A question about uniformly bounded set of operators

Let $\ (E, \lVert \cdot \rVert_E) \$ and $\ (F , \lVert \cdot \rVert_F ) \$ be real normed vector spaces, $\ \big( \mathcal{L}(E,F) , \lVert \cdot \rVert_L \big) \$ be the real normed vector space of continuous linear transformations from $E$ to $F$ with the usual norm induced by $\ \lVert \cdot \rVert_E \$ and $\ \lVert \cdot \rVert_F \$ and $\ \mathcal{C} \subset \mathcal{L}(E,F) \$. Suppose that $\ \mathcal{C} \neq \varnothing \$ and $\mathcal{C}$ is (uniformly) bounded, ie, there exists $\ R > 0 \$ such that $\ \mathcal{C} \subset B_L (0_L , R) \subset \mathcal{L}(E,F)$. Where $\ 0_L : E \to F \$ is the zero function ⏤ the origin of $\ L = \mathcal{L}(E,F)$ ⏤ and $\ B_L (0_L , R) \$ is the open ball of $L$ centered in $0_L \,$.

Let $\ \alpha > 0 \,$. I want to know if (with possibly some restrictions on $\alpha$) the set $$G = \bigcap_{T \in \mathcal{C}} T^{-1} \big[ B_F(0_F, \alpha) \big]$$ is open in $E$.

Here are my efforts.

First it is obvious that $\ T^{-1} \big[ B_F(0_F, \alpha) \big] \$ is an open set of $E$, $\forall T \in \mathcal{C} \,$. Hence the answer is clearly positive in the case where $\mathcal{C}$ is finite.

From now on let us suppose that $\, \mathcal{C} \,$ is infinite.

So we have that $L$ is infinite and $\ \mathcal{C} \setminus \{ 0_L \} \neq \varnothing \,$. It follows that $\ \mathcal{C} \neq \{ 0_L \}$, $\ E \neq \{ 0_E \} \$ and $\ F \neq \{ 0_F \}$.

Obs.: when $\mathcal{C}$ is countable, the set $G$ is a $G_{\delta}$ of $E$.

I was able to prove that:

• $\ B_E \left( 0_E , \alpha/R \right) \subset G \$;
• For all $\ x \in G \$ and all $\ T \in \mathcal{C} \,$, one has $\ \lVert T(x) \rVert_F < \alpha \$;
• For all $\ x \in E \$ and all $\ T \in \mathcal{C} \,$, one has $\ \lVert T(x) \rVert_F \leq \lVert T \rVert_L \cdot \lVert x \rVert_E < R \cdot \lVert x \rVert_E \$.

Let $\ D = \Big\{ \lVert T(x) \rVert_F \in \mathbb{R}_{^+} \ : \ T \in \mathcal{C} \ \ \text{ and } \ \ x \in G \Big\} \,$. Since $\ 0_E \in G \$ and $\ \mathcal{C} \neq \varnothing \,$, we have that $\ 0 \in D \$. Thus $\ D \neq \varnothing \,$. Moreover, by the second item above, $D$ is bounded. So there exists the supremum (least upper bound) of $D$, say $\ s = \sup(D) = \text{lub}(D) \,$, with $\ 0 \leq s \leq \alpha \,$.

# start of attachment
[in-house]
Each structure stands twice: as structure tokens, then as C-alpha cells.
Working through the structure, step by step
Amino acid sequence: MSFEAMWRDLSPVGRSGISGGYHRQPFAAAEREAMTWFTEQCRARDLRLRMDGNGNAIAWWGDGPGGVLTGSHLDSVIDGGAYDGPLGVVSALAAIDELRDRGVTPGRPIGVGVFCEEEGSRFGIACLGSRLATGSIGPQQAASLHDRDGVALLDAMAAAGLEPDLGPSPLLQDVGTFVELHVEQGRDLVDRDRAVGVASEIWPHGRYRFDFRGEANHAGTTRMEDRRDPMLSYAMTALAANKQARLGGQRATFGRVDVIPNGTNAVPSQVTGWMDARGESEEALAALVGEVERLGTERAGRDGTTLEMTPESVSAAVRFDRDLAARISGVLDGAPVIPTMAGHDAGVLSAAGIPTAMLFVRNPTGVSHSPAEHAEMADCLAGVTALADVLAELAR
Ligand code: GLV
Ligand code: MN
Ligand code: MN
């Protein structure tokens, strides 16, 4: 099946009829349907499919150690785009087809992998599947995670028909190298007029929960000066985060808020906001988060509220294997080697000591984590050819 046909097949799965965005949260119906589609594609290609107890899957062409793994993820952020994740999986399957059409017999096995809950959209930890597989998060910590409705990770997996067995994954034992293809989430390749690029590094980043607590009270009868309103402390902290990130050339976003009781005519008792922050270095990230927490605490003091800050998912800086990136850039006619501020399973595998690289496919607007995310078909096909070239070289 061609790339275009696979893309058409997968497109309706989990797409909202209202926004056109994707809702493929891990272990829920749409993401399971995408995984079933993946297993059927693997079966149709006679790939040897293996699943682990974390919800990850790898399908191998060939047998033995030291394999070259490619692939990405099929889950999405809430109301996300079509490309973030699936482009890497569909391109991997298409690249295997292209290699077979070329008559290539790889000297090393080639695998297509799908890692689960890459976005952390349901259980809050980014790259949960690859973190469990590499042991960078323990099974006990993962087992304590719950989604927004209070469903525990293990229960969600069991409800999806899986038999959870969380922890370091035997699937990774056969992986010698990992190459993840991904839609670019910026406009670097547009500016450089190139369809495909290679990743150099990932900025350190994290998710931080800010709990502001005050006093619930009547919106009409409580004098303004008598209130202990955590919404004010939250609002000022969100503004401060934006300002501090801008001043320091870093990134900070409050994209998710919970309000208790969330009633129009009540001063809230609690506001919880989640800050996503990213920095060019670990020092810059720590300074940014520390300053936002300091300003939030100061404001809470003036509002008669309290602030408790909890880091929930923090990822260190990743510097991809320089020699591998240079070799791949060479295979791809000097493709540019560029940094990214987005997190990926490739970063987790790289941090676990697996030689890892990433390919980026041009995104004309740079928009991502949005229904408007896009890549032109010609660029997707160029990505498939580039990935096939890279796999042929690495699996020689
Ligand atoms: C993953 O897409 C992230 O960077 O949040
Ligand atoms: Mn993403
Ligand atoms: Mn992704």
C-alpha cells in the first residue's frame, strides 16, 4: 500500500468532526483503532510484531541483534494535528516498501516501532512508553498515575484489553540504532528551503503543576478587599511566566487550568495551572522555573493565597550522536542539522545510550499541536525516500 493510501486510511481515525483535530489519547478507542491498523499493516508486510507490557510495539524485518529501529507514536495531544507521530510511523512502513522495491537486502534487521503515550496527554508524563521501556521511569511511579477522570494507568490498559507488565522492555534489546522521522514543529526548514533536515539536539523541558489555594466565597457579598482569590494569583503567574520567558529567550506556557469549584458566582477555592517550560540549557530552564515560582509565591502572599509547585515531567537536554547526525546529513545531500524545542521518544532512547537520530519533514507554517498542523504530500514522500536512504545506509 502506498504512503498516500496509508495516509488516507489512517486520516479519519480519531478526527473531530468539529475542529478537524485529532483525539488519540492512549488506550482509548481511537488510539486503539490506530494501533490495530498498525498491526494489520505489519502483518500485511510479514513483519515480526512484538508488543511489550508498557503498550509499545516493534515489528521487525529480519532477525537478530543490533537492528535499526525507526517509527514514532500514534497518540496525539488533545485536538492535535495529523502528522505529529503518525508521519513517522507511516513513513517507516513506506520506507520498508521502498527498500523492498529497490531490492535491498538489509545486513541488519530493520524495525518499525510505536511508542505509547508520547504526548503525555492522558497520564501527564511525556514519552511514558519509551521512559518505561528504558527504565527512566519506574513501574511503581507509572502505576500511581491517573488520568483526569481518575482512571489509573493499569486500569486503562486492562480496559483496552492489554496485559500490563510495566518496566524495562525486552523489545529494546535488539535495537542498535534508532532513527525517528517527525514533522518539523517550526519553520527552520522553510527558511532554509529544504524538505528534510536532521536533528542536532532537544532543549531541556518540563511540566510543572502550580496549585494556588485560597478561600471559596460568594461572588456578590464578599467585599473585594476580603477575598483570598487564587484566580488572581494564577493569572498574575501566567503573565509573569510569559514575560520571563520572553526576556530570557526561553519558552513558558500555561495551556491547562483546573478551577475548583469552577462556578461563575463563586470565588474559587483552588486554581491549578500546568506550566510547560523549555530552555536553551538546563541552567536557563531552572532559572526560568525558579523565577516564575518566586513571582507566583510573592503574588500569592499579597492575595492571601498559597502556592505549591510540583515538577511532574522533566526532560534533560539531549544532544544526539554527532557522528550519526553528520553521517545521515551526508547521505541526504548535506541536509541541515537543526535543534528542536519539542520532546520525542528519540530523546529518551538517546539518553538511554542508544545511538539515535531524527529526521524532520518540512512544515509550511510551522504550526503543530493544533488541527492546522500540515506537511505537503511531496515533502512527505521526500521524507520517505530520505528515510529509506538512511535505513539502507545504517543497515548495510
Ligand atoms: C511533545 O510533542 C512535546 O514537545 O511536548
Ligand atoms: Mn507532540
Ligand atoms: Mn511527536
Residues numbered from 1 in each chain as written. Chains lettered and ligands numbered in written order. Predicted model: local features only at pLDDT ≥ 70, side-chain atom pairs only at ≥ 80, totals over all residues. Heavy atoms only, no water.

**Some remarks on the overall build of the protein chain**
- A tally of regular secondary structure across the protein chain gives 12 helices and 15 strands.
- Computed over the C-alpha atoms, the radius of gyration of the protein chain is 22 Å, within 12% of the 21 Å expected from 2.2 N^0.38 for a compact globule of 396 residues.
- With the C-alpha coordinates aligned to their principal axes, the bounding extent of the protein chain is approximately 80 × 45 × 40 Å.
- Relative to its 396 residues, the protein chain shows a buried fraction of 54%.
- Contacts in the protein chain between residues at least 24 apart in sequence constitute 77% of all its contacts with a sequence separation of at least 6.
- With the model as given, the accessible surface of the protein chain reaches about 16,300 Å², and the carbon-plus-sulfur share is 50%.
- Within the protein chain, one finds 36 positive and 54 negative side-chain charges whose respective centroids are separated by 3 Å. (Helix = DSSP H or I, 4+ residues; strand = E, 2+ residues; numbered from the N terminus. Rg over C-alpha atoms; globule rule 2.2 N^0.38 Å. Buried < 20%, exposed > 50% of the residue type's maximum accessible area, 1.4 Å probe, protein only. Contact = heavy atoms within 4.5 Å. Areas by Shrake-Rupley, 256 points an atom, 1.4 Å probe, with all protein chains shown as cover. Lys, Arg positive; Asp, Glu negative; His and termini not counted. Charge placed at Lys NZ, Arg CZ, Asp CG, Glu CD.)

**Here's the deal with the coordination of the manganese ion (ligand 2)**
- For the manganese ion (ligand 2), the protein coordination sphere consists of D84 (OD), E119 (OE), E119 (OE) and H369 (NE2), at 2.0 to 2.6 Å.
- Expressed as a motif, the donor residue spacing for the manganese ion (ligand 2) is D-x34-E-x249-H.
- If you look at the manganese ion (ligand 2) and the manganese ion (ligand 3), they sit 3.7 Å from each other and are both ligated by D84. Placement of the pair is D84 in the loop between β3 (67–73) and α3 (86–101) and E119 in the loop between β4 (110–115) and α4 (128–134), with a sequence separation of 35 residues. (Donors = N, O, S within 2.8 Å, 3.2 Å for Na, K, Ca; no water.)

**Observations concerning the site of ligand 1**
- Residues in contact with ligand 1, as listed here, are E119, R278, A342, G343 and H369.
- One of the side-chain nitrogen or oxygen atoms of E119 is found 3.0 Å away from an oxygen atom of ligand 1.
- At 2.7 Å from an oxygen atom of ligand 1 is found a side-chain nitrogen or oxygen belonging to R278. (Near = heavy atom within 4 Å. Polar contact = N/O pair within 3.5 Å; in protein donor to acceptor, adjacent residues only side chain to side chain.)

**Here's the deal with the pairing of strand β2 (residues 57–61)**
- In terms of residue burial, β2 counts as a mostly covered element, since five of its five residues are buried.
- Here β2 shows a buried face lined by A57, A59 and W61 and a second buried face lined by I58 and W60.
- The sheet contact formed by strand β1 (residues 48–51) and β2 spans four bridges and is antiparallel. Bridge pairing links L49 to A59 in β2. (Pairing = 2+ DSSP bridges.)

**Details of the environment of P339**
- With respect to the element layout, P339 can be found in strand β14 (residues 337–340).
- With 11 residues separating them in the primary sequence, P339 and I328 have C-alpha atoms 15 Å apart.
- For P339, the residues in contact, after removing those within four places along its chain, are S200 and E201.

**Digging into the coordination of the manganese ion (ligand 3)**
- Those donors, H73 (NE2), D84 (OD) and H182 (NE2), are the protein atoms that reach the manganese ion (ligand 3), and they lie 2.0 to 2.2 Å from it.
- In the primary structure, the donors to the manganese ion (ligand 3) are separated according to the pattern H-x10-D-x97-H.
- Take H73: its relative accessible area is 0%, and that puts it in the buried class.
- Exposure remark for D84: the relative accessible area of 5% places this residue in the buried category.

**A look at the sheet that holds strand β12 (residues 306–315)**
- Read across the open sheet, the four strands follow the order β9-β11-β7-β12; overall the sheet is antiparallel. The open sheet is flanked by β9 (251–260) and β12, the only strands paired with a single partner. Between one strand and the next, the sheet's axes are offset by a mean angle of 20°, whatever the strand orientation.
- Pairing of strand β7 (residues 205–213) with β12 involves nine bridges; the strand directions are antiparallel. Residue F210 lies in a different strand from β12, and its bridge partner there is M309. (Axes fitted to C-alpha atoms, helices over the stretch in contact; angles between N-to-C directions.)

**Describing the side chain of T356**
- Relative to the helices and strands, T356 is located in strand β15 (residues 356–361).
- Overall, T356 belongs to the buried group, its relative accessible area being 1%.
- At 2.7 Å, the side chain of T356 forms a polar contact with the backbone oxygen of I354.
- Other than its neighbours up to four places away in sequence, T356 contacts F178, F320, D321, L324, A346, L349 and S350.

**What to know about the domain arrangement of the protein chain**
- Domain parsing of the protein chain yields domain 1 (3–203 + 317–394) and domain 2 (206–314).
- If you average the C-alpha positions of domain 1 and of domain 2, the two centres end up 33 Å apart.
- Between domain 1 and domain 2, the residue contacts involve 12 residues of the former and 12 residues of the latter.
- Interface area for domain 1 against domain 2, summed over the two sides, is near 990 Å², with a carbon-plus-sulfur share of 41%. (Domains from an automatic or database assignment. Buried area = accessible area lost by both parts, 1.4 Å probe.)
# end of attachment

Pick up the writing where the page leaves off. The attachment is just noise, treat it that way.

Here is a digression: actually $\ s>0 \,$.

Suppose that $\ s = 0 \$. Then one has $\ D = {0} \,$. Let $\ x \in G \,$. We have $\ \lVert T(x) \rVert_F = 0 \ \Rightarrow \ T(x) = 0_F \ \Rightarrow \ x \in ker(T)$, $\forall T \in \mathcal{C} \,$. It follows that $\ x \in \bigcap_{T \in \mathcal{C}} ker(T) \,$. Consequently, $\ B_E \left( 0_E , \alpha/R \right) \subset G \subset \bigcap_{T \in \mathcal{C}} ker(T) \,$. Now $\ \bigcap_{T \in \mathcal{C}} ker(T) \$ is a vector subspace of $E$ that contains an open ball. Whence $\ \bigcap_{T \in \mathcal{C}} ker(T) = E \,$. Thereafter, for all $\ T \in \mathcal{C} \,$, we have that $\ E = \bigcap_{A \in \mathcal{C}} ker(A) \subset ker(T) \ \Rightarrow \ ker(T) = E \ \Rightarrow \ T = 0_L \,$. So $\ \mathcal{C} = \{ 0_L \} \,$, a contradiction with the fact that $\mathcal{C}$ is infinite.

Similarly, fix $\ p \in G \$ and let $\ D_p = \Big\{ \lVert T(p) \rVert_F \in \mathbb{R}_{^+} \ : \ T \in \mathcal{C} \Big\} \,$. Since $\ \mathcal{C} \neq \varnothing \,$, we have that $\ D_p \neq \varnothing \,$. Moreover, $\forall T \in \mathcal{C}$, again by the second item above, we have that $\ \lVert T(p) \rVert_F < \alpha \,$. Hence $D_p \,$ is bounded. So there exists the supremum $\ s_p = \sup(D_p) \,$, with $\ 0 \leq s_p \leq \alpha \,$. Since $\ D_p \subset D \,$, we have that $\ 0 \leq s_p \leq s \leq \alpha \,$. Indeed it is easy to show that $\ \displaystyle \sup_{p \in G} s_p = s \,$.